If the funding in my constituency has not been as high as it has in many others, the national lottery has made one important contribution to my constituents and, indeed, throughout the country. It has played an essential role in supporting small local retailers in some of the smaller arcades that have struggled to survive as shopping patterns have changed. There is no doubt that many small shopkeepers, such as newsagents and grocers, have found it difficult to keep their businesses going against a background of new shopping patterns and the unfair business rating system for small shops. Hon. Members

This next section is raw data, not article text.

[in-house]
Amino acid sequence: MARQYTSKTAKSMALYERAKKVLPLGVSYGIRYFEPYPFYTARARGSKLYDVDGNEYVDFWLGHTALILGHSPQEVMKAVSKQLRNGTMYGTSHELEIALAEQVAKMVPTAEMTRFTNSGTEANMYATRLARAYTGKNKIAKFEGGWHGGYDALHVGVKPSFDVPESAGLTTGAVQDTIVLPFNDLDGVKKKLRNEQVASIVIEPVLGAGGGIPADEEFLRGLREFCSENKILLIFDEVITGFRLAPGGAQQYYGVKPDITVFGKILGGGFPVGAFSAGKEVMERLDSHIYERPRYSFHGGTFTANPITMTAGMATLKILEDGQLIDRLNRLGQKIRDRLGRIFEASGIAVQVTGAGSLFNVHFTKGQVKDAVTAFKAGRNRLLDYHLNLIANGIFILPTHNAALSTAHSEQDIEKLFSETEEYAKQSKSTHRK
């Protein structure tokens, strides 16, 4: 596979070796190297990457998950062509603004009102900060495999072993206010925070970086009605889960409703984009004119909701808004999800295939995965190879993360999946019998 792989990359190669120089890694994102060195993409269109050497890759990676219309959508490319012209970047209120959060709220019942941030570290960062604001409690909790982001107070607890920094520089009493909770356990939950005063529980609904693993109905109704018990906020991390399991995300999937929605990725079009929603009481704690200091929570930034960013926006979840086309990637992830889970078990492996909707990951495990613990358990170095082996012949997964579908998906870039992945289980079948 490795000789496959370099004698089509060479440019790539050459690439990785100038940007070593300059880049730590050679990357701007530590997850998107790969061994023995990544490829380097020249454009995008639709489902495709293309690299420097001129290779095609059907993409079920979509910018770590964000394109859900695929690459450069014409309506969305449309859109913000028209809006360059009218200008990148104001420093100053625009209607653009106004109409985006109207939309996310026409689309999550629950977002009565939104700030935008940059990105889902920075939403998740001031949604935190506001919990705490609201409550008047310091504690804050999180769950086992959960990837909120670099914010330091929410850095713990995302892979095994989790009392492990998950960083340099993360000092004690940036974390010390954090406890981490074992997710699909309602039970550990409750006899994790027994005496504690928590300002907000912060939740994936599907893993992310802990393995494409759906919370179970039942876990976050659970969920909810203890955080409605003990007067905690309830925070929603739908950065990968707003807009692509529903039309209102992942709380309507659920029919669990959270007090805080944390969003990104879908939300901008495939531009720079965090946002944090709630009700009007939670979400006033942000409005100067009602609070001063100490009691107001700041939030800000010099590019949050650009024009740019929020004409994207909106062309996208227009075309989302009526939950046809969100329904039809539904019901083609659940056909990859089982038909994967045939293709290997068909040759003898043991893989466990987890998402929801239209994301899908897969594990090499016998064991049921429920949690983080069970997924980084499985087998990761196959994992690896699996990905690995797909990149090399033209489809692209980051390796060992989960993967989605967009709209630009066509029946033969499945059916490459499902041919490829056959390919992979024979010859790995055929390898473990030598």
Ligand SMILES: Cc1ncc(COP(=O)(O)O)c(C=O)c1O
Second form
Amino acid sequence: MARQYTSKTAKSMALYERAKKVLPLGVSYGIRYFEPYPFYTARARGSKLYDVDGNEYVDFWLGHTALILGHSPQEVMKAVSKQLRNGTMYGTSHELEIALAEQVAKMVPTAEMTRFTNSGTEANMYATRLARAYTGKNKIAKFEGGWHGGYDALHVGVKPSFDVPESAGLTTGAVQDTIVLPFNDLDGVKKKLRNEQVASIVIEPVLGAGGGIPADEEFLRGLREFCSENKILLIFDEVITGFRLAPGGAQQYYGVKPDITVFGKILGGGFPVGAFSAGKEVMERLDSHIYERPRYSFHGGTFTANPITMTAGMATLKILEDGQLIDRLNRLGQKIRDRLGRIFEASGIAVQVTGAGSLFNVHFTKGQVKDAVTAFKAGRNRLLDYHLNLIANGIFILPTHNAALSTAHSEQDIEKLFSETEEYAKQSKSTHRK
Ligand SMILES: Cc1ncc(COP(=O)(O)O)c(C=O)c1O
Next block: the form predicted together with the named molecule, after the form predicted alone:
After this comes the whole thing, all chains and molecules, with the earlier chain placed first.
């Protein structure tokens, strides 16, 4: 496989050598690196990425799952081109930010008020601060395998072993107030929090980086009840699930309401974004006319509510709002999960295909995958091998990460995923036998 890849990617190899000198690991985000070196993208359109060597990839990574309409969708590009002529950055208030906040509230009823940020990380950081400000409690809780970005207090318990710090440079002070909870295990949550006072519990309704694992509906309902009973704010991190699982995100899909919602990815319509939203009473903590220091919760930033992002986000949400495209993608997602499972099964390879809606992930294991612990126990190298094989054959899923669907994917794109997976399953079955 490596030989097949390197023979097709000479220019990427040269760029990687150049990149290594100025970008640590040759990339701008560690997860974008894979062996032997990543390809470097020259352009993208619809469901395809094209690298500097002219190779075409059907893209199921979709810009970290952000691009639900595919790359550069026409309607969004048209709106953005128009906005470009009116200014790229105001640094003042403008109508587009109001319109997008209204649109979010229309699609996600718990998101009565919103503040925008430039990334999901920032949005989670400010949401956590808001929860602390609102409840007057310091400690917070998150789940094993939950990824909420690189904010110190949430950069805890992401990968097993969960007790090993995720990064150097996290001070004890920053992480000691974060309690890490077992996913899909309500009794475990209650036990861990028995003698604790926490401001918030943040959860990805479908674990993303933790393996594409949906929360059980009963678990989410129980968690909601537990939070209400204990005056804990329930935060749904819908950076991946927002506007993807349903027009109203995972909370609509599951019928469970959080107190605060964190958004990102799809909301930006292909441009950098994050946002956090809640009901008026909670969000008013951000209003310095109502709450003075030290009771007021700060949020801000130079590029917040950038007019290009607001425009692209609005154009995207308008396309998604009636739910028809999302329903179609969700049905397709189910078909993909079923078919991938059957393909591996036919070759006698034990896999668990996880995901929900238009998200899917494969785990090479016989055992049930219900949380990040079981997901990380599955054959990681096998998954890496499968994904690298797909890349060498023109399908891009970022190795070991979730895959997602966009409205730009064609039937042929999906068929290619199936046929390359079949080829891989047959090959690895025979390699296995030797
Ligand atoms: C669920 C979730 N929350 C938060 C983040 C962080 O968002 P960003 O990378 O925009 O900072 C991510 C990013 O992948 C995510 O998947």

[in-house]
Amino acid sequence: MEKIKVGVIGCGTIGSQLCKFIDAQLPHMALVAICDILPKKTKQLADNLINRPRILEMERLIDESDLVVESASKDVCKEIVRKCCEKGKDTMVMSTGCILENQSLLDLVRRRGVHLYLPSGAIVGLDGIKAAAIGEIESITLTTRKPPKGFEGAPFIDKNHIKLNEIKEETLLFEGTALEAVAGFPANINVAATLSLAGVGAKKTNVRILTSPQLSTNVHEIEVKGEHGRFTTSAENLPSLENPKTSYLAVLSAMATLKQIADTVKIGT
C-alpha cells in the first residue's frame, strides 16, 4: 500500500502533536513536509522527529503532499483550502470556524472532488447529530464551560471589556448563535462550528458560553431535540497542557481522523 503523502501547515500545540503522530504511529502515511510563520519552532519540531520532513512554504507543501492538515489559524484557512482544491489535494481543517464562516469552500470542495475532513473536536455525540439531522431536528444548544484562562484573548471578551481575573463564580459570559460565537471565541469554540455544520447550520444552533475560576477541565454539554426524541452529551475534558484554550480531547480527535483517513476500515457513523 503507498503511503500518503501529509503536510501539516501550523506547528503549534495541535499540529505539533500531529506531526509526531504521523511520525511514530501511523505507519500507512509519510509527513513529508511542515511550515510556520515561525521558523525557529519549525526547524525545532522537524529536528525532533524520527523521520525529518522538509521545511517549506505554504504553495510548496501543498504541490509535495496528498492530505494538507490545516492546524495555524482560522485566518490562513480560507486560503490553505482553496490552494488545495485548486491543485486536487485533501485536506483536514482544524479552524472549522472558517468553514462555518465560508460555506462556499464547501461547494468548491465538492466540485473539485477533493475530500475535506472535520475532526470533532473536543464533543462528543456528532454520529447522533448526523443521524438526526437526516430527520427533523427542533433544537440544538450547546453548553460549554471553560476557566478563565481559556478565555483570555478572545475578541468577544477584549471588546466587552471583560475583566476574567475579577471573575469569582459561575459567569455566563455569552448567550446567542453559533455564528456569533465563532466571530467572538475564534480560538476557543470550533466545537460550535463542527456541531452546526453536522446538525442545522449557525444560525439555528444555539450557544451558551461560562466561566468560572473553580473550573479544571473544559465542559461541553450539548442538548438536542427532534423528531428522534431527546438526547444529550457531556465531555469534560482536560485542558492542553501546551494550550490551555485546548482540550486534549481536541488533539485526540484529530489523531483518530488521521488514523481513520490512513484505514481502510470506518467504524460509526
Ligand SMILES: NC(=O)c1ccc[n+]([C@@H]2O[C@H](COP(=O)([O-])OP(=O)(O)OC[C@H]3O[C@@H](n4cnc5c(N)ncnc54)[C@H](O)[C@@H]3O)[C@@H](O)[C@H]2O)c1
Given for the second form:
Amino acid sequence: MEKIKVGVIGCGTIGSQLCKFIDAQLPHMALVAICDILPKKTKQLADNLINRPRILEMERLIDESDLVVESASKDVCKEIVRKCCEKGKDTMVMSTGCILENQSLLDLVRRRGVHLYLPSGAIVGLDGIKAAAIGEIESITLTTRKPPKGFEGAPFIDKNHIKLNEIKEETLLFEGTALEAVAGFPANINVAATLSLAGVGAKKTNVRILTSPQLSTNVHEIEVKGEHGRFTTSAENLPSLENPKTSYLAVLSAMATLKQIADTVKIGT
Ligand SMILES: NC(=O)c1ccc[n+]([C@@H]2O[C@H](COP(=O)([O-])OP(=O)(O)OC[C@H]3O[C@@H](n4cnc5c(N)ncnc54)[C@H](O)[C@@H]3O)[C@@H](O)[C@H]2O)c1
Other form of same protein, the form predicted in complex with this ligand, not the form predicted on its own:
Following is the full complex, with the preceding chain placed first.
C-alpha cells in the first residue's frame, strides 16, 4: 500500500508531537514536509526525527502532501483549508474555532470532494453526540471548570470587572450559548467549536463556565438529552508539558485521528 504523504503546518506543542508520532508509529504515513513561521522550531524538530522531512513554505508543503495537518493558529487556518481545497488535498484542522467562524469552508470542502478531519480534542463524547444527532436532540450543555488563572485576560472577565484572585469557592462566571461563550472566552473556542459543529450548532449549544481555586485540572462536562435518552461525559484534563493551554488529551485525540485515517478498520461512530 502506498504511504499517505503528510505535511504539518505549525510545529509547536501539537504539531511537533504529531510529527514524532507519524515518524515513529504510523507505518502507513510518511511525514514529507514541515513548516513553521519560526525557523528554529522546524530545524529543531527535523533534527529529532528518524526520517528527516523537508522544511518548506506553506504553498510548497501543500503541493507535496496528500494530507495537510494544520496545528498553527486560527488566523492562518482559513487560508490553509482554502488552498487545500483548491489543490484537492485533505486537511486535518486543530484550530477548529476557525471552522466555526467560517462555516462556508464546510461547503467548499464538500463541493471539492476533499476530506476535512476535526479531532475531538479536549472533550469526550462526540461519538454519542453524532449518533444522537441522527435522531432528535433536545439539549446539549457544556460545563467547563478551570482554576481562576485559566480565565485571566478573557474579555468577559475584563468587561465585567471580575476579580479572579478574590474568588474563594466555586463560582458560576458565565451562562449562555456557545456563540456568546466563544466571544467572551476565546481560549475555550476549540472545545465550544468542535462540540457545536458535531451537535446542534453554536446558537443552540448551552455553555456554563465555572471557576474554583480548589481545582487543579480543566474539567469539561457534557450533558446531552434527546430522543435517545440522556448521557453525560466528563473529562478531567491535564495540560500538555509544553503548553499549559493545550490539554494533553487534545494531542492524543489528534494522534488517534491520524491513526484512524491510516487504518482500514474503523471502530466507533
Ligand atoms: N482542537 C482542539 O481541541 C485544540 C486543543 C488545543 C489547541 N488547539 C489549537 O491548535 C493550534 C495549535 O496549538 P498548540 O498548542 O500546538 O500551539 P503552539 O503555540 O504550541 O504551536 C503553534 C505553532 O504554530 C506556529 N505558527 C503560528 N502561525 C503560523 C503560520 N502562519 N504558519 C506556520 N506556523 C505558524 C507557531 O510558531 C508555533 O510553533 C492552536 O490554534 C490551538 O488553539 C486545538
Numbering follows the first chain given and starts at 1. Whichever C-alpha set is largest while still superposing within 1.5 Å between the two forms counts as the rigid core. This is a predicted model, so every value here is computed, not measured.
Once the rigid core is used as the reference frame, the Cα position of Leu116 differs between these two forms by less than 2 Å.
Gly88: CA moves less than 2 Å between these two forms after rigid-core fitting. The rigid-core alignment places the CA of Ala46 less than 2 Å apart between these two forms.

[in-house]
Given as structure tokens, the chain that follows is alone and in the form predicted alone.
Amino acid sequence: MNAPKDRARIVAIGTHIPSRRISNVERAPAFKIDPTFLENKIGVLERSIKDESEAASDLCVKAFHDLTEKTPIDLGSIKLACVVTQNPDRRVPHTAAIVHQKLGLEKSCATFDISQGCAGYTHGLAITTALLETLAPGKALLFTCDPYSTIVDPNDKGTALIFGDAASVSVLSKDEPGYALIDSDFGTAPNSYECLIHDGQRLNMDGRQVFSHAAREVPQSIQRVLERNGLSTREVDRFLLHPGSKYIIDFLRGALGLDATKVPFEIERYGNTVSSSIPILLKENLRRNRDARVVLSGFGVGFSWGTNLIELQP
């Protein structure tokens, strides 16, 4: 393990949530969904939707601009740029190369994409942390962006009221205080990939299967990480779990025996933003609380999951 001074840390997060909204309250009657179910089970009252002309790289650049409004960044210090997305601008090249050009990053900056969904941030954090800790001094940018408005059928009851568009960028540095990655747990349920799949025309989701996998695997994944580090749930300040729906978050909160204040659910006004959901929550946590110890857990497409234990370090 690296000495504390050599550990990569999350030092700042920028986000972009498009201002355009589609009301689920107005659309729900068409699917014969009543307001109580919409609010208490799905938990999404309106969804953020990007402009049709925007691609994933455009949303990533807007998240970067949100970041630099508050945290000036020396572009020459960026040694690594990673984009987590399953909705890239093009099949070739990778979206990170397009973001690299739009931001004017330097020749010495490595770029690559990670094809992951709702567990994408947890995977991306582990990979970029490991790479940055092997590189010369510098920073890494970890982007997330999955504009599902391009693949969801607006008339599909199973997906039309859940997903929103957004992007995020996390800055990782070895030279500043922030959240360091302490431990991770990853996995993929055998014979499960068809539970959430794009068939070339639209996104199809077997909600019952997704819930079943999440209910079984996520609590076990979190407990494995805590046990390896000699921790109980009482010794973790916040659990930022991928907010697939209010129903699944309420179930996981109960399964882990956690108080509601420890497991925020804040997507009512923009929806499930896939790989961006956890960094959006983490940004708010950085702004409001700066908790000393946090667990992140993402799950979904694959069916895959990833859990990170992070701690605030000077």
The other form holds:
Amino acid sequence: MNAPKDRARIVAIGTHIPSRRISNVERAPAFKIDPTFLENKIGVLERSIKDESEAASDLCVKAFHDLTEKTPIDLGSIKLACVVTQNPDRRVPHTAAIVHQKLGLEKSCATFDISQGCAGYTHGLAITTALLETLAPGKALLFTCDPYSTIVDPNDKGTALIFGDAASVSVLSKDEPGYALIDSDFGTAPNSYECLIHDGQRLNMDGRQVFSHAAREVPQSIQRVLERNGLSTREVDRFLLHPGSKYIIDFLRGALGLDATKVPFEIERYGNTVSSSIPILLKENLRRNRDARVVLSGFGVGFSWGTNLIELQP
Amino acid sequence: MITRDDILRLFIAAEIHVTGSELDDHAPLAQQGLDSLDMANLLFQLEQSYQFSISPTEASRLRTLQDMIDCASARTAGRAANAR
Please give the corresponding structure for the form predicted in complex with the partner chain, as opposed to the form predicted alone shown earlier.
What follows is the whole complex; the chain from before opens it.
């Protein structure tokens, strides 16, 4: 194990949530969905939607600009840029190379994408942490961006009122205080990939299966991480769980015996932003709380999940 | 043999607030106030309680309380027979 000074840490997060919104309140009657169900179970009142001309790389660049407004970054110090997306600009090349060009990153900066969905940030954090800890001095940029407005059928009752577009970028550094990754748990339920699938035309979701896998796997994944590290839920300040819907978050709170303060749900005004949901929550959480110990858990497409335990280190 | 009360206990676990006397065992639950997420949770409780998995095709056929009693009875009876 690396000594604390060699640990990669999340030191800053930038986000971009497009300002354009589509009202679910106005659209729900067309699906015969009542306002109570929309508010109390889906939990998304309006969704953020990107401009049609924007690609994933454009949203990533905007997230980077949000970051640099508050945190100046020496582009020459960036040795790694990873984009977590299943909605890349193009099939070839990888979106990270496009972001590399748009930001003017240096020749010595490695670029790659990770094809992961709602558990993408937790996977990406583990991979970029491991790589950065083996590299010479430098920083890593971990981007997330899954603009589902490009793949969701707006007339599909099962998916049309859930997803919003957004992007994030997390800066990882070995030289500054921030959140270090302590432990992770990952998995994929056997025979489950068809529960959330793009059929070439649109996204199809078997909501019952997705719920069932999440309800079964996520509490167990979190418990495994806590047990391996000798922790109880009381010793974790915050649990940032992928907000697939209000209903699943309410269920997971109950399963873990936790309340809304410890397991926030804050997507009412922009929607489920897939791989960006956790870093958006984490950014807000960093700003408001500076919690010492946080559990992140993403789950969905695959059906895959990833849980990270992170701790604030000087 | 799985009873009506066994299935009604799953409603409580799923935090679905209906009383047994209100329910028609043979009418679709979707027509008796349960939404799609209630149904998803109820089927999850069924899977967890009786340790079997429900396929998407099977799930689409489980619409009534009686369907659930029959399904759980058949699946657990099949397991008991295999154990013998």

The national lottery's role in delivering a secure flow of business to those retailers on a weekly basis is welcome. It is an essential part of the future of smaller arcades. For those of us who are committed to seeing them survive and flourish as neighbourhood resources, the issue is important. As the Minister looks forward to the development of the lottery, I hope that that aspect of the way in which the lottery is structured will remain sacrosanct and will not be threatened.